Postnatal wards

It was a terribly worrying time as mothers were desperate to see and be with their baby. They had often not even been able to hold them before they were whisked away. This was made worse for some women because they were put on postnatal wards with other mothers and babies. Amy said the first night was “so painful” and hard. Her daughter had been taken to another hospital for surgery, while she was on a ward with mothers and their crying newborns.

Amy E said it was one of the low points of her experience, to be put on a ward with mothers and their babies, and she had no baby.

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Age at interview: 32
Age at diagnosis: 29
I still didn’t know how she was, I got sent to the post-natal ward this is probably one of my lower points I was just put in a bed on a ward with people, all babies and I had no baby. I can’t even, until that happens to you can’t, people look at you and then people think oh what, oh poor woman what’s happened to her and you’re obviously upset. And I’m like how is she can they like, we can’t tell you we don’t know, we don’t know and I was just left there and the woman next to me her baby was crying and she couldn’t feed her or something and I just remember hating her absolutely hating her and I asked to go in my own room and they said we haven’t got any and I did get moved after the first day, to my own room which I needed because I was going absolutely mad there. But I sent everyone home then because people had been there for since the Wednesday so I sent [husband] and my mum home.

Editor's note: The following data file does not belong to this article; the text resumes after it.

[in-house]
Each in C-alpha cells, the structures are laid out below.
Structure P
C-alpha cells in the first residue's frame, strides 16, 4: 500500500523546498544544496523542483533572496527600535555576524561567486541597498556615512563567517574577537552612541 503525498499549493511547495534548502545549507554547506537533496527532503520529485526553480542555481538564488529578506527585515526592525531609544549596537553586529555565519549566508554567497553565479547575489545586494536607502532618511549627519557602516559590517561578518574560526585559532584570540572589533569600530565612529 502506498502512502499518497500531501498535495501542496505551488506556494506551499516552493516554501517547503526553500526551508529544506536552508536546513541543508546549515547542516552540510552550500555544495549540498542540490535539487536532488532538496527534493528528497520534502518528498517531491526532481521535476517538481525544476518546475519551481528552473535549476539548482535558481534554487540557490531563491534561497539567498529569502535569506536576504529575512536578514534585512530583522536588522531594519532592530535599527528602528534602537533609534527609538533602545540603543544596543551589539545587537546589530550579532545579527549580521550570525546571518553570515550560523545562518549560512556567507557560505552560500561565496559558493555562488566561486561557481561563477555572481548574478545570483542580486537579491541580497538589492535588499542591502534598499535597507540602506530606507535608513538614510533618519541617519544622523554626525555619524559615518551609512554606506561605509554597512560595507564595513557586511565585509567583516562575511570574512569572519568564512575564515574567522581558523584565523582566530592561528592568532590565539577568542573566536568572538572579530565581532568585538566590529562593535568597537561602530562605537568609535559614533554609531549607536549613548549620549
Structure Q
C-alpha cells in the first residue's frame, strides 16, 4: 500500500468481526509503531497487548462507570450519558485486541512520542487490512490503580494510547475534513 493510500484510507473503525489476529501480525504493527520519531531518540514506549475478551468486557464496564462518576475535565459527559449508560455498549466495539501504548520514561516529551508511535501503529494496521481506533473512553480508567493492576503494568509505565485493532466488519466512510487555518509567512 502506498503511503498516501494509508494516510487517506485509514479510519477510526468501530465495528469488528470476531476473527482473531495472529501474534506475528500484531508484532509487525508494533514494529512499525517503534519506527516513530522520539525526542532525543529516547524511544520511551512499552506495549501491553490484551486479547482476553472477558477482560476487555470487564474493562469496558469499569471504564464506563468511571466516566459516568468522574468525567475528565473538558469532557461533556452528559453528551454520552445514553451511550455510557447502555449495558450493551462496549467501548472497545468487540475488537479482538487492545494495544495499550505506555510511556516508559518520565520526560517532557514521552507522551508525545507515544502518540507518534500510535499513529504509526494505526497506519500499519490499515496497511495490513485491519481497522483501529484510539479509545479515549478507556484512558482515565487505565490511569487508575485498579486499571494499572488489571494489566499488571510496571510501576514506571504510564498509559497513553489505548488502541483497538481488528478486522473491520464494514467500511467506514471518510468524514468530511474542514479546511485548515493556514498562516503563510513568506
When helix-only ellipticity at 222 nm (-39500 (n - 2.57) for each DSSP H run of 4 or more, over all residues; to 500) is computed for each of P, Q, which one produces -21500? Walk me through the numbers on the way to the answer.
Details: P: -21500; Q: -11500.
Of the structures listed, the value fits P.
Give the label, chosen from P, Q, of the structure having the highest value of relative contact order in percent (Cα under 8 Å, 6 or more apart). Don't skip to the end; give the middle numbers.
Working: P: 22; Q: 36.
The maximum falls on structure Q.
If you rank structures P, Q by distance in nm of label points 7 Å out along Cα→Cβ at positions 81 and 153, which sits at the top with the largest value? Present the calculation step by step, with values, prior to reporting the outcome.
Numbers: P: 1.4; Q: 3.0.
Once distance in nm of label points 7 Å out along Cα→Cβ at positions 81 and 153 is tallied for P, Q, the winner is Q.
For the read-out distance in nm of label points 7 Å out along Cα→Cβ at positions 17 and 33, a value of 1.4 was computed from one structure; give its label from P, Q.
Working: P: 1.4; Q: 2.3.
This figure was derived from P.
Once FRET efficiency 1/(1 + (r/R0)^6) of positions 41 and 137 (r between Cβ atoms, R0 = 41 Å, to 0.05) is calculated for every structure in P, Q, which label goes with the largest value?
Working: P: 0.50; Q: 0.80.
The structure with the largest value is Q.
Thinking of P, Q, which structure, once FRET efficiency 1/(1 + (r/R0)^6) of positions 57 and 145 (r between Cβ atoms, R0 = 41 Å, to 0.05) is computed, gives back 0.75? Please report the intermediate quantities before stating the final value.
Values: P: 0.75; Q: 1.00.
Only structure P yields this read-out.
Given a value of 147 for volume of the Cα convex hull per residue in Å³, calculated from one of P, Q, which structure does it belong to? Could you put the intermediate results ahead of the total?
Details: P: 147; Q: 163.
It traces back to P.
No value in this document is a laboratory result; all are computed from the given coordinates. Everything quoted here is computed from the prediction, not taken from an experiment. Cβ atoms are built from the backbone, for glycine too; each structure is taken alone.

But some hospitals were very sensitive to these concerns and made sure that these new mothers who had been separated from their babies were given privacy to recover. Jane said the hospital found her a little corner to be private which she really appreciated. “But they put me in a room on my own, it was, I didn’t pay for a private room. They just found me a little corner which was brilliant and. I just, I remember I just, there were, you know, my husband, I went down to see her with my husband and gave her a cuddle and breastfed her.” When Joe left intensive care and went back to the post-natal ward she was put in a room with other mums who didn’t have their babies with them because they were in special care. She really appreciated this. “The nurses were lovely, they were really understanding.” Shanise was wheeled into the NICU in the middle of the night to see her newly born son. She appreciated this but felt out of place, as she was on a bed and “just felt like I was intruding on these premature babies”